The Secret Garden

Century old tale is given modern yet faithful makeover

With the daily news bringing sad tales of children leaving behind their homeland, their parents and their innocence when fleeing war-torn lands, this new version of The Secret Garden couldn't be more relevant.

Adapted by Rosalind Sydney from Frances Hodgson Burnett's 1911 novel, all the fundamentals of the original story are still intact. Young Mary returns to Britain after the death of her parents abroad – only here, it's clear she's made a long, perilous journey to safety. The household still feels at turns oppressive and welcoming, but as Mary's sense of safety (and curiosity) grows, she begins to blossom like one of the flowers in the eponymous garden.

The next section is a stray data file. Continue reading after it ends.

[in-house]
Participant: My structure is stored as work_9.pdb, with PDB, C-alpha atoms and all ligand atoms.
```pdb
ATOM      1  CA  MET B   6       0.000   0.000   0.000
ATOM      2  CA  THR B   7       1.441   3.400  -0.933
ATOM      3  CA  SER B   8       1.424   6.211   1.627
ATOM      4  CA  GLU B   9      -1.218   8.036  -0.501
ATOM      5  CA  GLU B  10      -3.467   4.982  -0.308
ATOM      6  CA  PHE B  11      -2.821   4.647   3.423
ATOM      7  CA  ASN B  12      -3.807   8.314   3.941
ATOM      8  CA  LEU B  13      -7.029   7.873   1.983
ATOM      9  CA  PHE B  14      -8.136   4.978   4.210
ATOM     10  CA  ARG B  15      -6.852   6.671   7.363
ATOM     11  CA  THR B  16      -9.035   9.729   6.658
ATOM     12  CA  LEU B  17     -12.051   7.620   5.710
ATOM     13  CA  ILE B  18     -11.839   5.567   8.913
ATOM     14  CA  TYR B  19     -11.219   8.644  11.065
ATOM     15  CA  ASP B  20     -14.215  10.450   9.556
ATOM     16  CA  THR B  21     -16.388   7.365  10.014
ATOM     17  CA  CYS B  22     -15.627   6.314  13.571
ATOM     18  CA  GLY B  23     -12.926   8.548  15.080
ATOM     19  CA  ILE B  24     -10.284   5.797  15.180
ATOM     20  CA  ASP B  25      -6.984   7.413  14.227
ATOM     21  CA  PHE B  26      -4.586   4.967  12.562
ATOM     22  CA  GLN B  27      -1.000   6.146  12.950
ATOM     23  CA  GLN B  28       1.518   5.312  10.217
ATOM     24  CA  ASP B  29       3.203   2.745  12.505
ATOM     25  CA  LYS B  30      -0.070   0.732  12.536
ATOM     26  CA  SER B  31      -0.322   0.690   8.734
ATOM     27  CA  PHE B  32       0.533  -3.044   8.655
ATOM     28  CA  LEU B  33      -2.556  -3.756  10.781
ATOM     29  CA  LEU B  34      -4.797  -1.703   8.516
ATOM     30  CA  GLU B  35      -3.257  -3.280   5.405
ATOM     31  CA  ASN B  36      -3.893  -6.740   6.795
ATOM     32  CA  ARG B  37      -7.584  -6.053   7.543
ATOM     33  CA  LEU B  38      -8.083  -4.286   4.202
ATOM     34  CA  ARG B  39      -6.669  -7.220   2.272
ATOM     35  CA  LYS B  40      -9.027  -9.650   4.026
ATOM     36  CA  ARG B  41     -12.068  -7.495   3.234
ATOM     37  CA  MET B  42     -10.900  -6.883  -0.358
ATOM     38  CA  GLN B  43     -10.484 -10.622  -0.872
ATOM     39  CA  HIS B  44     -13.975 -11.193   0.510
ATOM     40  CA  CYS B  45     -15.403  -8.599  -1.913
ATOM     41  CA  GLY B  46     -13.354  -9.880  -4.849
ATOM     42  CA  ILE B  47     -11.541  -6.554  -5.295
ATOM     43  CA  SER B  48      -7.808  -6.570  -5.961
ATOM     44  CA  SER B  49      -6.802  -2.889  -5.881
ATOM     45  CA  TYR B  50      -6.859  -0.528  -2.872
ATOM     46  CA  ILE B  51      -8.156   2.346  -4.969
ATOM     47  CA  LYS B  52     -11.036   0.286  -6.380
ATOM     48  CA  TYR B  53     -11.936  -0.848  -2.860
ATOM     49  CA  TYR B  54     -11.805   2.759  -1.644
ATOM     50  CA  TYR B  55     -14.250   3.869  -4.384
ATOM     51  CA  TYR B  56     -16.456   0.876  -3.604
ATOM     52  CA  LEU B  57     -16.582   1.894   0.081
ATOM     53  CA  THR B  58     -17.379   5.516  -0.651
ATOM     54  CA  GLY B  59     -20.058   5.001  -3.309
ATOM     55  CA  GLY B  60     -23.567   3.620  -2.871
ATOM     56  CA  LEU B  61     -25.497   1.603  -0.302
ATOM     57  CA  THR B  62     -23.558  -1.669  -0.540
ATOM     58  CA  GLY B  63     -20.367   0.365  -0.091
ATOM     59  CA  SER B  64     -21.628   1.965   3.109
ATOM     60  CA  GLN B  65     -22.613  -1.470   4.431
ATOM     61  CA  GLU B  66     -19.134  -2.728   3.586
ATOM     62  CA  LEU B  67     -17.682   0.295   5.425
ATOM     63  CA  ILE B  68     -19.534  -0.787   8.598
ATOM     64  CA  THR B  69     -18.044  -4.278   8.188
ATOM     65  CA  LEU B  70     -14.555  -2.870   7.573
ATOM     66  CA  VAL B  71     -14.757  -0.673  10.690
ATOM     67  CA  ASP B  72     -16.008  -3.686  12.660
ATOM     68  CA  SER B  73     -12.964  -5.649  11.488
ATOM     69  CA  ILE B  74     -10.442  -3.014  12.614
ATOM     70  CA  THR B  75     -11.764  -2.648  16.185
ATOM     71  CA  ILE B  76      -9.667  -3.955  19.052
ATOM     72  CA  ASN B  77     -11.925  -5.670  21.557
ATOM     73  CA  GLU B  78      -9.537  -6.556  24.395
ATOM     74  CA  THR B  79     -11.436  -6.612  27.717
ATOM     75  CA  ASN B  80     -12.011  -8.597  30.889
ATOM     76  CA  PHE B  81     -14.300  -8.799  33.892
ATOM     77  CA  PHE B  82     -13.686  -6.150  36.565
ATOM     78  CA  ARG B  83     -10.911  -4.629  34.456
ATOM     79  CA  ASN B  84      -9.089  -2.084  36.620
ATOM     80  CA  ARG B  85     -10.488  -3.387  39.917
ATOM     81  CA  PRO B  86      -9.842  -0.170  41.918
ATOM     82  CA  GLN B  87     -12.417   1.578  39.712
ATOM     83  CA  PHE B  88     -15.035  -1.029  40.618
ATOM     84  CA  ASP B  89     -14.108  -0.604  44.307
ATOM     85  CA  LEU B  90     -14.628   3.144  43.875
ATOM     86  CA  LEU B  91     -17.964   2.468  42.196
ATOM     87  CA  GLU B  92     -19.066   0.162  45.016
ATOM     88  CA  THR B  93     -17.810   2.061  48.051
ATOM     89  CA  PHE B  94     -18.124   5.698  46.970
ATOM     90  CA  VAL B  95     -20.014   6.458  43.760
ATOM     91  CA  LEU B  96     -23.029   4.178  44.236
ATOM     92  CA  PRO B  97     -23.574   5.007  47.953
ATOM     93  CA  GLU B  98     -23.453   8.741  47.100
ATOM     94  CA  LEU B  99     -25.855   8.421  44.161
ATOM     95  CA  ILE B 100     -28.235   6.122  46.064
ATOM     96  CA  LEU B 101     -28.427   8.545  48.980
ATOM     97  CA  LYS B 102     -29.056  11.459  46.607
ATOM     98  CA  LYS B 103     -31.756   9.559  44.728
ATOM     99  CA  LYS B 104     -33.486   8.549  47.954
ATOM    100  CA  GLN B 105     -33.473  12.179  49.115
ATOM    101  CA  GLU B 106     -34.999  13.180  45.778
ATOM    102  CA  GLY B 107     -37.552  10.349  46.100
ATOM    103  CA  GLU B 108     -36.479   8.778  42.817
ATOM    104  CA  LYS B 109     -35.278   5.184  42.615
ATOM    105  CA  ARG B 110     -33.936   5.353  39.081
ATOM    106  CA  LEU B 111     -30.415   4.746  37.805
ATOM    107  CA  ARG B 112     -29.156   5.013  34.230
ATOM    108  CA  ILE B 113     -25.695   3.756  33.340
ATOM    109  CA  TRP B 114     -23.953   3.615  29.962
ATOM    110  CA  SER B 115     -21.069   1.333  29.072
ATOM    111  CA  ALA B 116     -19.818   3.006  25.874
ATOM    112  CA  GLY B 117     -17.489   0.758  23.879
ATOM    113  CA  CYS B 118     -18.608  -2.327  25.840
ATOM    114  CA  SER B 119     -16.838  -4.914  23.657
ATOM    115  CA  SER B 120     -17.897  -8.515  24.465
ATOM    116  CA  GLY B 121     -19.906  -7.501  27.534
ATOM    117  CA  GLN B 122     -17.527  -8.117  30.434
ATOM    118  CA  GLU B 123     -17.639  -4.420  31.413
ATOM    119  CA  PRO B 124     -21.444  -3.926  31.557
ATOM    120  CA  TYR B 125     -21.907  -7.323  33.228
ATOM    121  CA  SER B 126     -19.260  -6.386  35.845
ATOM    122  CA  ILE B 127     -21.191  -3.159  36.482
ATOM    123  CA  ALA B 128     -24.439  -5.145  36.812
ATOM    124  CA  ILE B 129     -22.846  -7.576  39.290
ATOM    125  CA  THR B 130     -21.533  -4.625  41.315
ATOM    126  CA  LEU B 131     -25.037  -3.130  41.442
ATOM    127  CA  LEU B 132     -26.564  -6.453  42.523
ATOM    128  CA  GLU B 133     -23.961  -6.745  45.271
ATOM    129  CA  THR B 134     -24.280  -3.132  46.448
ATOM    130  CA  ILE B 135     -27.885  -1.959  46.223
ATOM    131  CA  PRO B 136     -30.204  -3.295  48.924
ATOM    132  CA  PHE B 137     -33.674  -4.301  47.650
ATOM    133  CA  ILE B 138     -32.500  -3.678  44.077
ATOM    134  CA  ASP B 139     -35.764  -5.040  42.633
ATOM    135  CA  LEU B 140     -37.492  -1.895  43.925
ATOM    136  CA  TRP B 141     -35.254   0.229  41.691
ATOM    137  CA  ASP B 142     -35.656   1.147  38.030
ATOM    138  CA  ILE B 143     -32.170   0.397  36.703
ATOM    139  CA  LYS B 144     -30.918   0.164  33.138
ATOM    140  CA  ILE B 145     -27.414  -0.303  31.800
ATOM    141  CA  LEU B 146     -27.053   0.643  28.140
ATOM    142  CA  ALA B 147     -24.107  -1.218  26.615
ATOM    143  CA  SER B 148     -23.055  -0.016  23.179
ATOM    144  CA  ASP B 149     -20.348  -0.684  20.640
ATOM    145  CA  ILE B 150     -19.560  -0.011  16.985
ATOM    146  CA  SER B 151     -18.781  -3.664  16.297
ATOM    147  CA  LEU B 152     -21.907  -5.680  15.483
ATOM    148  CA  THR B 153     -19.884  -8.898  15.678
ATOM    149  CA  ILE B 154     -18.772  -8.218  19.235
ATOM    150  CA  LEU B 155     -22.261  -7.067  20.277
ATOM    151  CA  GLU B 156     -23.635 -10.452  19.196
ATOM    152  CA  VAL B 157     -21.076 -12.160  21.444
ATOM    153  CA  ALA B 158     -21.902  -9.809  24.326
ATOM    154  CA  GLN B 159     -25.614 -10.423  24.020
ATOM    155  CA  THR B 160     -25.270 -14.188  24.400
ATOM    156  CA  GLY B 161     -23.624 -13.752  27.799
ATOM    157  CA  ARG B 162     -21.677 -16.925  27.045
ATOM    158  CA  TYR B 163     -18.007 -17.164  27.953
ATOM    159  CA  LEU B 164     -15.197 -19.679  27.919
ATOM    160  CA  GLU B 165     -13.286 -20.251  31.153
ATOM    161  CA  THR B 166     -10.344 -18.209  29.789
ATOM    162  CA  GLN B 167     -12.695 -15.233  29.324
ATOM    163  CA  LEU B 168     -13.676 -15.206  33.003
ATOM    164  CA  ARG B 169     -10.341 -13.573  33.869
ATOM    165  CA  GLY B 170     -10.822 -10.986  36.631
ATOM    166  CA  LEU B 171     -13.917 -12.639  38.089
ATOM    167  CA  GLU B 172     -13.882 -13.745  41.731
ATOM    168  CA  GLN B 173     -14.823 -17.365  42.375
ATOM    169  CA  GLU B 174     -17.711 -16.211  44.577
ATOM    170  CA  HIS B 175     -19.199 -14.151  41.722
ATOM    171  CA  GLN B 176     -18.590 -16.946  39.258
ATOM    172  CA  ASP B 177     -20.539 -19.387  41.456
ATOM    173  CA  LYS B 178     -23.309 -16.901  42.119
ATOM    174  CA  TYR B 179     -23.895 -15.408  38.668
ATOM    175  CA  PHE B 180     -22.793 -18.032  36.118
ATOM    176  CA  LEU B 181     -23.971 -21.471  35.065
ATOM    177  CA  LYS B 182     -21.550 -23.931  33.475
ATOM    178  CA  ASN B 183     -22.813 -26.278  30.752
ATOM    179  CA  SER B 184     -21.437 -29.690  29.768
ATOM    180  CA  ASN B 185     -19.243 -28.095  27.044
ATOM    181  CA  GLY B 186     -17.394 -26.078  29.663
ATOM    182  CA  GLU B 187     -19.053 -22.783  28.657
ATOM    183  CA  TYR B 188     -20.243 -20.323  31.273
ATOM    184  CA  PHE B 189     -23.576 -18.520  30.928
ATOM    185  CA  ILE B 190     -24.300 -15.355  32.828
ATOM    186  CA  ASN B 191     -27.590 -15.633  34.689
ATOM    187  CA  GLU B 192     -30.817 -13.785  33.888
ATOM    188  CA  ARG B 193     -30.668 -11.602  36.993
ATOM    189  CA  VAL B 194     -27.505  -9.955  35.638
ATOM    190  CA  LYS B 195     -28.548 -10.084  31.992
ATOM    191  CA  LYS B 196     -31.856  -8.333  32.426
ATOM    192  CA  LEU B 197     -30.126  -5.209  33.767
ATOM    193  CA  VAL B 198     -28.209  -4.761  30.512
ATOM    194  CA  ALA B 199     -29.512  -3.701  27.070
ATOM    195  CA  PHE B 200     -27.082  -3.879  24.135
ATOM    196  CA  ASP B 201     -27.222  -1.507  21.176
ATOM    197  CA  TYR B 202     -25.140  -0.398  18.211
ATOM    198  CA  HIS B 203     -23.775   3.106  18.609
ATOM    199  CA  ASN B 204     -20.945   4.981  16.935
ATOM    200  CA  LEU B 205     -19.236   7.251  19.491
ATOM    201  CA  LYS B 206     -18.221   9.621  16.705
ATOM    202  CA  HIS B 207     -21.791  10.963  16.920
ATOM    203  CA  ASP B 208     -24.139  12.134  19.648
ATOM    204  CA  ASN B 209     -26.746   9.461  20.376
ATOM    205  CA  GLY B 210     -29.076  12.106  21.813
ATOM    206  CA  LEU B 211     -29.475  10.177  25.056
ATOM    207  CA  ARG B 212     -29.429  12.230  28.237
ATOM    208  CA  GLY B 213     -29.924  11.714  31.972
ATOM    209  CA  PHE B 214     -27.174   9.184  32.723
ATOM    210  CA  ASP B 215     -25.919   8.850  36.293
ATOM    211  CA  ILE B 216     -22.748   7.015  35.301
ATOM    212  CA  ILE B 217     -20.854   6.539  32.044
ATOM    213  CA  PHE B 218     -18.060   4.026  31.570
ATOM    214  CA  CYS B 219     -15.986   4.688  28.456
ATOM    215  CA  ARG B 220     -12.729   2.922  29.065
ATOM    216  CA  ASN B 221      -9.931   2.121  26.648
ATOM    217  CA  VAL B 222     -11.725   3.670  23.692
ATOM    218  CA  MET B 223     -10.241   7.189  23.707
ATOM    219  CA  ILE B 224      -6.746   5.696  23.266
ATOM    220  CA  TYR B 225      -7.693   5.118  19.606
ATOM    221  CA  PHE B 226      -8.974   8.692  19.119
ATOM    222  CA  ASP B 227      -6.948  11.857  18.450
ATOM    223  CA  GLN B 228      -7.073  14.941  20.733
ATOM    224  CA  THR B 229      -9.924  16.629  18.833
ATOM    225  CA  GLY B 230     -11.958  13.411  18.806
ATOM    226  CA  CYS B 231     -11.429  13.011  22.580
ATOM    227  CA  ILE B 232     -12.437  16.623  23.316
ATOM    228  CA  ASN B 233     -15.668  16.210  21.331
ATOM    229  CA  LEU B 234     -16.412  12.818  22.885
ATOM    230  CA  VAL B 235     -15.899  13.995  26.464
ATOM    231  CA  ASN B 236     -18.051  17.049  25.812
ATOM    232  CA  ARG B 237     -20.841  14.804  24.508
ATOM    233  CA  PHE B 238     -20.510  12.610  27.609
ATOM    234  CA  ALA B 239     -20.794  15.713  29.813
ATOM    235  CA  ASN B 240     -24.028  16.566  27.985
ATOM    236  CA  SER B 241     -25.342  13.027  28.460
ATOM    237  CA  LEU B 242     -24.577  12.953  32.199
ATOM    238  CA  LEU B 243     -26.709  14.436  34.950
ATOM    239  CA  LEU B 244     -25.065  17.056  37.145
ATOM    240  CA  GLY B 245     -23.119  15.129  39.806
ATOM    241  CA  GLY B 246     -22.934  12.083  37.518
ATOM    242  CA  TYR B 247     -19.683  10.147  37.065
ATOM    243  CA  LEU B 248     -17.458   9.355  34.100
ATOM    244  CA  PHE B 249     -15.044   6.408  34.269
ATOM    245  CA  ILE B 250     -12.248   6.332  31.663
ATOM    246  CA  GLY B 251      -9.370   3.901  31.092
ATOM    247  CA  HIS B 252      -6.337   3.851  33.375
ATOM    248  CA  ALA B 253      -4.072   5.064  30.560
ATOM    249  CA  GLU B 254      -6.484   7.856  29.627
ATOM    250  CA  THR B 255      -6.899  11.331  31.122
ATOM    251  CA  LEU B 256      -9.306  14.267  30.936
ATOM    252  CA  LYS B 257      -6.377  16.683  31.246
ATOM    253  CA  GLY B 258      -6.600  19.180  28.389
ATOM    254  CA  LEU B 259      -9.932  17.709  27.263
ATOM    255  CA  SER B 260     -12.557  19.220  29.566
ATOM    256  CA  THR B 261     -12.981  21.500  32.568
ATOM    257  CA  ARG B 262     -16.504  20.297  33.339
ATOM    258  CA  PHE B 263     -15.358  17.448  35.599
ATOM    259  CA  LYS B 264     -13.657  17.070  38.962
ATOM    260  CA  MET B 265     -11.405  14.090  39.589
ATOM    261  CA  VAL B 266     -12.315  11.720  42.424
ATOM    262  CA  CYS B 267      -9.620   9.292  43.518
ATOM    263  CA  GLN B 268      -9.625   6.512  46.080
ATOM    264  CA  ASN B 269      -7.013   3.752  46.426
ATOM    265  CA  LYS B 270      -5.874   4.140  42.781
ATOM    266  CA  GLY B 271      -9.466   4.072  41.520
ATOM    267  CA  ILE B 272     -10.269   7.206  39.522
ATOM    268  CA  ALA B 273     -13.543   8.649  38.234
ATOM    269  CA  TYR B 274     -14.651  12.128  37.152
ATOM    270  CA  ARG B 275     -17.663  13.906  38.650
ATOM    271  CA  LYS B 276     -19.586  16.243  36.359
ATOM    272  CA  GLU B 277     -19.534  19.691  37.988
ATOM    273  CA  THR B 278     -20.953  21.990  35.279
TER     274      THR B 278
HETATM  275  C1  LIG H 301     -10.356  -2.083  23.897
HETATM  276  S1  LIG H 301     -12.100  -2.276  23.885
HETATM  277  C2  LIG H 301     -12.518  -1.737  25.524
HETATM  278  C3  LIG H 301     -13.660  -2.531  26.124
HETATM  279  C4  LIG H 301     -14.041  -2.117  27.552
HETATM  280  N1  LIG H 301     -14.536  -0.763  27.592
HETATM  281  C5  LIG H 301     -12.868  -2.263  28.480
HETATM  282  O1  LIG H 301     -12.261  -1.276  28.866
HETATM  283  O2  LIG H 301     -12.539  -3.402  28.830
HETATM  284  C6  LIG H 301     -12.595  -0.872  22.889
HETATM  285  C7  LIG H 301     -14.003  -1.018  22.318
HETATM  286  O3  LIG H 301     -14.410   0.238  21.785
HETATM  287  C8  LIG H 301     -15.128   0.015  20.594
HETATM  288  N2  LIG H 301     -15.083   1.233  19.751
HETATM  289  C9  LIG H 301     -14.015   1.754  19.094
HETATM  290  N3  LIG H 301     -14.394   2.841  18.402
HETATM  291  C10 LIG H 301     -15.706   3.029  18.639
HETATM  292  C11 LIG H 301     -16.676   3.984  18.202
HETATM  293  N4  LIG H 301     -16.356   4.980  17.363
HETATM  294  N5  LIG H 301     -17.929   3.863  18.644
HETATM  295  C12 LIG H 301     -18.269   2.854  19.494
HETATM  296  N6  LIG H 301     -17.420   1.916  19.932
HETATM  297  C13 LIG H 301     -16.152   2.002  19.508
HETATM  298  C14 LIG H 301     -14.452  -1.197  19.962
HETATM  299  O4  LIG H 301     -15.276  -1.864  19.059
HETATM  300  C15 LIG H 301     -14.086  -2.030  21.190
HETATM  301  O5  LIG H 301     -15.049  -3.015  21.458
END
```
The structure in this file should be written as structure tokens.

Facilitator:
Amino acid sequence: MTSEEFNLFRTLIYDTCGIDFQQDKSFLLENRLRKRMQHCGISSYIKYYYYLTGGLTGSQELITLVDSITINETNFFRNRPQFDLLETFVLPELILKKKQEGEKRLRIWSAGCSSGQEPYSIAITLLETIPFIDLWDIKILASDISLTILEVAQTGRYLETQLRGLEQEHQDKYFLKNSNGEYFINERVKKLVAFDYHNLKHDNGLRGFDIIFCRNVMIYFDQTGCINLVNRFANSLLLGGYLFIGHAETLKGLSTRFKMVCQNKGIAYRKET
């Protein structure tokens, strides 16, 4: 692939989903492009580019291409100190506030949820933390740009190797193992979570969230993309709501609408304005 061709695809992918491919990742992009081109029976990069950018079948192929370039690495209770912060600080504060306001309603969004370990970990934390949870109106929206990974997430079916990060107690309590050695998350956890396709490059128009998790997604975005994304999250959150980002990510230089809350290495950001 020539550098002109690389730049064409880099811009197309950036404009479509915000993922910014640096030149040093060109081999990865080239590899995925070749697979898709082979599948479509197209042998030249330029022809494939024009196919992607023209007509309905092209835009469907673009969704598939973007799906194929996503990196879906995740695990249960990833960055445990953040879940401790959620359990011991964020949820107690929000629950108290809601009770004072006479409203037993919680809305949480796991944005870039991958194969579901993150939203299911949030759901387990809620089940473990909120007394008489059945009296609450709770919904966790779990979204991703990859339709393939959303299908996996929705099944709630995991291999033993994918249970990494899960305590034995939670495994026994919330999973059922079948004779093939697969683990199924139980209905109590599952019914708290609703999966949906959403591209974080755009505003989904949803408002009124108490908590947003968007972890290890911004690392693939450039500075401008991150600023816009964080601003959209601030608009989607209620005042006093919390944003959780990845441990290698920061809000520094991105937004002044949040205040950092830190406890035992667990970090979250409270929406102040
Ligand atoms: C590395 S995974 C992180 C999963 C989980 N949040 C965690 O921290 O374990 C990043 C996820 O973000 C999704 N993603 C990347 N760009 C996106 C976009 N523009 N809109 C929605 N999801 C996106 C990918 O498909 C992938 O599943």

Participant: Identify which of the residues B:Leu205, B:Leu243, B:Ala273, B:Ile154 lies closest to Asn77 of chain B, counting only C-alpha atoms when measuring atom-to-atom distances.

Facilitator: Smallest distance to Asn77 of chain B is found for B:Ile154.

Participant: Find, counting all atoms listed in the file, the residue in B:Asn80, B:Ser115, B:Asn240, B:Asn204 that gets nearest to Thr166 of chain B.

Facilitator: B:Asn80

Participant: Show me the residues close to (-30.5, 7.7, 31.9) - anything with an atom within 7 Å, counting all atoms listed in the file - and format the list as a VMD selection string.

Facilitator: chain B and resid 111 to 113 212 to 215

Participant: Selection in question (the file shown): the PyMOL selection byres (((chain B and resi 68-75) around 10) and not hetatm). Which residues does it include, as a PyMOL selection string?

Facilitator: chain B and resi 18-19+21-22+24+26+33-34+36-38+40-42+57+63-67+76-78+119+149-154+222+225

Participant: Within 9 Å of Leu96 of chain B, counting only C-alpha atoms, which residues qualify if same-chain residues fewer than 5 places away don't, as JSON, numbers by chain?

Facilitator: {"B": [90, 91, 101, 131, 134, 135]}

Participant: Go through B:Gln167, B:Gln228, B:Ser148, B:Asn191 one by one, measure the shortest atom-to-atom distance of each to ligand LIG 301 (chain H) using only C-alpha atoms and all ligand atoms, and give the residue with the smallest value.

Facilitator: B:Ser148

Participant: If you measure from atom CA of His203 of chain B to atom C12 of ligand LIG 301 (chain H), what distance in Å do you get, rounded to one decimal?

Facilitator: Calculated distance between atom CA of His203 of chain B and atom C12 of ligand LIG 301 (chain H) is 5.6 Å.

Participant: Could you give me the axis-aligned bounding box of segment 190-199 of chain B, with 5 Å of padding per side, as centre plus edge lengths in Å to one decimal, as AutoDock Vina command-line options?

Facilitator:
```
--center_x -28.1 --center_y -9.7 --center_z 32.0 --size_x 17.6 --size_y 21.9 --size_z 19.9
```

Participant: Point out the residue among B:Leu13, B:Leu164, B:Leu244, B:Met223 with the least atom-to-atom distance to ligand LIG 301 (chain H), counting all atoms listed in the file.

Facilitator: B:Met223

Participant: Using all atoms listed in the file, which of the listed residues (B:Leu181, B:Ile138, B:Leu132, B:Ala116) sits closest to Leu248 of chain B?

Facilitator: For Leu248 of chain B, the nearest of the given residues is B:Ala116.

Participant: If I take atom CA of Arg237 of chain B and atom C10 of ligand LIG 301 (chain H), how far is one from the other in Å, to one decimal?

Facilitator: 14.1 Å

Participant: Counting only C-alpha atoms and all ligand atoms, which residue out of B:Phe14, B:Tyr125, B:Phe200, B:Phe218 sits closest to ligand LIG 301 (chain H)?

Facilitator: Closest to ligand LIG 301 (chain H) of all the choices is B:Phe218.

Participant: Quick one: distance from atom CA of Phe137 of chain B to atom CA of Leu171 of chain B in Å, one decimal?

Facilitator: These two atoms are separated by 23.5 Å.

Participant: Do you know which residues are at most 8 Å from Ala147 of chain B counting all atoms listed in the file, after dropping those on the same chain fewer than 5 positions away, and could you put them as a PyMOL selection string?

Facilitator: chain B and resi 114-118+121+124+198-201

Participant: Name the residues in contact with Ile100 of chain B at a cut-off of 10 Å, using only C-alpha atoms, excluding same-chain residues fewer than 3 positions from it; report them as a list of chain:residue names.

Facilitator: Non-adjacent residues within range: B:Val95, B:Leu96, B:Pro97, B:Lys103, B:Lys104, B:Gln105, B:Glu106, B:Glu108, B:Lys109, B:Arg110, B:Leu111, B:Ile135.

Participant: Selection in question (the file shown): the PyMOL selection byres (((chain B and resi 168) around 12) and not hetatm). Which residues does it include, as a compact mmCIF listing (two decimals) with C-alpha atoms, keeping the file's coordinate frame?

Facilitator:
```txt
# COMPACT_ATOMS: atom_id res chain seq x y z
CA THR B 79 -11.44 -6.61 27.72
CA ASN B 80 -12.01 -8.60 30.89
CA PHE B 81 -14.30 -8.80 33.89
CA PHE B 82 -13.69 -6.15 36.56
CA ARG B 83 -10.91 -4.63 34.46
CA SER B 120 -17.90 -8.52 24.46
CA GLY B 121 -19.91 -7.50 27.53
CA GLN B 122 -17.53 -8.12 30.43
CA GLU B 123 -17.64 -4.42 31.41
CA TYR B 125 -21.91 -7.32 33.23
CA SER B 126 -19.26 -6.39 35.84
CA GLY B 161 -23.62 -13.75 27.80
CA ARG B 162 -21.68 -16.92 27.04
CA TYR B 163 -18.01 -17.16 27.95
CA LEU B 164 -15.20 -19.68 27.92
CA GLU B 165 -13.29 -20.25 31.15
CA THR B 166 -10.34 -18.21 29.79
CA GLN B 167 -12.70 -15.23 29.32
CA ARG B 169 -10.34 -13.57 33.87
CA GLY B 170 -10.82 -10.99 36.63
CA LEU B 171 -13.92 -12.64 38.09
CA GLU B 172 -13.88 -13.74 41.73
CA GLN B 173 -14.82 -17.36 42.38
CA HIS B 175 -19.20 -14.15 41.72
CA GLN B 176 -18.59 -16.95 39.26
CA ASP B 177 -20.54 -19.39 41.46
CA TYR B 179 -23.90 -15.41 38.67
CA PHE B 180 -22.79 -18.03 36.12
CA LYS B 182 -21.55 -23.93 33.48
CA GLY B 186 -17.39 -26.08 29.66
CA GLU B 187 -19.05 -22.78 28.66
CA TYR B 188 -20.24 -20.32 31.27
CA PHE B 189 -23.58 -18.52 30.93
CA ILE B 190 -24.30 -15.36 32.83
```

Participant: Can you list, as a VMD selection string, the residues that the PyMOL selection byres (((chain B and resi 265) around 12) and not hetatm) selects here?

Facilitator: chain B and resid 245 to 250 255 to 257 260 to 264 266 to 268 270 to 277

What strikes most here, is the dynamism. Whether they're using a ladder to convey a busy motorway, dressing up in a silly hat to swap characters or simply exploring the garden, the three-strong cast keep the energy flowing. And when we finally enter the mysterious garden itself, Karen Tennent's clever and adaptable set is a riot of bloom and colour. Through it, the wonder and healing power of nature that sits right at the heart of this story is beautifully conveyed.

Reviewed at The Tron Theatre, Glasgow.

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